You see, the thing that kills most passengers in a plane crash isn’t the actual impact, it’s the fire that typically engulfs the plane afterwards. Folks may be surprised they survived the impact, and become complacent about other dangers. People vastly underestimate how quickly a fire can spread and consume an airplane. Surveys show that most people think they actually have about 30 minutes to get out of a burning plane. The reality is that it takes, on average, just 90 seconds for a fire to burn through the plane’s aluminum fuselage and consume everything and everyone in it. If that sounds scary, it should; you need to be motivated to get your rear end out of the plane!
The FAA has rigorously studied and crunched the numbers on airplane crash survivors, as well as tested nearly 2,500 people in simulated evacuations to find out the type of person who typically survives. Their results?
Young, slender men have the best odds of surviving a plane crash. (Old, fat women have the worst odds — sorry Aunt Myrtle.)
The FAA has found that differences in age, gender, and girth account for 31% of the difference between people’s evacuation times. Escaping a plane crash requires you to maneuver quickly through narrow aisles with luggage and wreckage strung about. You may even have to throw blockages out of your way. You then have to slip through an emergency exit that may only be twenty inches wide. Kind of hard to do if you’re fat and out of shape.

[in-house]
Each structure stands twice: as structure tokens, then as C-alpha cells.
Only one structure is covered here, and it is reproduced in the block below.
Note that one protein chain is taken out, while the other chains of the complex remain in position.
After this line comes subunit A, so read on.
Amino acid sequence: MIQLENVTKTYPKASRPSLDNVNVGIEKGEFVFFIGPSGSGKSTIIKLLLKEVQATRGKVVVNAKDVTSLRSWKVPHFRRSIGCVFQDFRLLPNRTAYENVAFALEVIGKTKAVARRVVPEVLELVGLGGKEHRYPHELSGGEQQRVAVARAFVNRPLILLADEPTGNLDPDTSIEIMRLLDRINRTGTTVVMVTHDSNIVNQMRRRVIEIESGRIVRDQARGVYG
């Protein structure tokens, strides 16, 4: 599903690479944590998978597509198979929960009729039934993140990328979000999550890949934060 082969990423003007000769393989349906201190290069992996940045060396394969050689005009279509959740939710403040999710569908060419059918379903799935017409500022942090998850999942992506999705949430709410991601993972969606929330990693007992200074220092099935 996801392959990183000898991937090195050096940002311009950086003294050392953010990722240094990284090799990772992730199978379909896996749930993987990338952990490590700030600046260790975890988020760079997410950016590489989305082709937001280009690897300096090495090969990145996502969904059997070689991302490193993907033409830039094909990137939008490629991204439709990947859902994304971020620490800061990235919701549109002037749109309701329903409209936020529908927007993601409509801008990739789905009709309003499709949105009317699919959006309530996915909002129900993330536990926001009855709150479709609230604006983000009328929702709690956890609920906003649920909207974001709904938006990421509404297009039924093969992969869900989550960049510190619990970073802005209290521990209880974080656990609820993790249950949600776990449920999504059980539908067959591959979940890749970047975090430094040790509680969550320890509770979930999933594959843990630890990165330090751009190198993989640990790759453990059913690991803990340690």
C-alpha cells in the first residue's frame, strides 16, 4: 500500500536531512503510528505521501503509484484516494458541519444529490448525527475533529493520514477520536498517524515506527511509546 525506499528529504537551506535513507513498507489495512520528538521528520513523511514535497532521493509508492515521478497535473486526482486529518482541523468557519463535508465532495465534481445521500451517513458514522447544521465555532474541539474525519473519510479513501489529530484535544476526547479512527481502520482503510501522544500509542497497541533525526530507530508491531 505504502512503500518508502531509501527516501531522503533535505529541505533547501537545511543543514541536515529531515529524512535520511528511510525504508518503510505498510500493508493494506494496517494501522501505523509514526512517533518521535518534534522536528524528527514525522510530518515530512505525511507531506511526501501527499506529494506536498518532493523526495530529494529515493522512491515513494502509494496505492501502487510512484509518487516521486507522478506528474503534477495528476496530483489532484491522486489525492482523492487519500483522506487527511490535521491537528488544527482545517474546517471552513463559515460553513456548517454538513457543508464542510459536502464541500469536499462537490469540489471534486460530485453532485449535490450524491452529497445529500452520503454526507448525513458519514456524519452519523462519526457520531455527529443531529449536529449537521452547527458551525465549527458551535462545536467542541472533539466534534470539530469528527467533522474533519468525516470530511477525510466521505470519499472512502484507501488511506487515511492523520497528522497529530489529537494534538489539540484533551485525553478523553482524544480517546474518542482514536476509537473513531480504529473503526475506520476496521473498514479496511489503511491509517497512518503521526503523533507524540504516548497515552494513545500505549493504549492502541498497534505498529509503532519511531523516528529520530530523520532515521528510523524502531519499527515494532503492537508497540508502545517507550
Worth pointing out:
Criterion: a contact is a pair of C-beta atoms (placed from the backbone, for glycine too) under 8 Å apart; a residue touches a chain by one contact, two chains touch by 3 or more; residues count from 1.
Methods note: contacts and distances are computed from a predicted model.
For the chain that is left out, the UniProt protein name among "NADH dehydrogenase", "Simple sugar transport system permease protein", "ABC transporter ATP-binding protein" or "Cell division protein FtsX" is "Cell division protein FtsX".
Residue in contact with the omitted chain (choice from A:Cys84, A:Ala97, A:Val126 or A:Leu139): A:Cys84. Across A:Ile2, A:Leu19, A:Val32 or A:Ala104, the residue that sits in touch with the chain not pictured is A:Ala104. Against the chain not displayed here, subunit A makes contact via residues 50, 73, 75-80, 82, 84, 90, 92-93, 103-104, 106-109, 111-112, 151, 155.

Not only can being out of shape reduce your chances of survival, it could also put other people’s lives at risk because they have to wait for you to exit safely. Hold-ups at the exit due to passengers having trouble deplaning has caused many unnecessary deaths. In a runway collision that occurred in 1991, investigators found the charred remains of 10 passengers lined up in the aisle waiting to leave the wing exit; folks who froze up and had trouble squeezing through the exit had created a fatal bottleneck.
If you’re on the rotund side, make it a goal to shed some of that table muscle so you’ll be fit enough to save your own life and perhaps the lives of others (and not just on a plane, either, but in all kinds of survival situations). We’ve got plenty of workouts on our site to choose from to get started. If you’re looking for more practical and accessible exercise and diet tips, I highly recommend Nerd Fitness.
Fly in Bigger Planes if Possible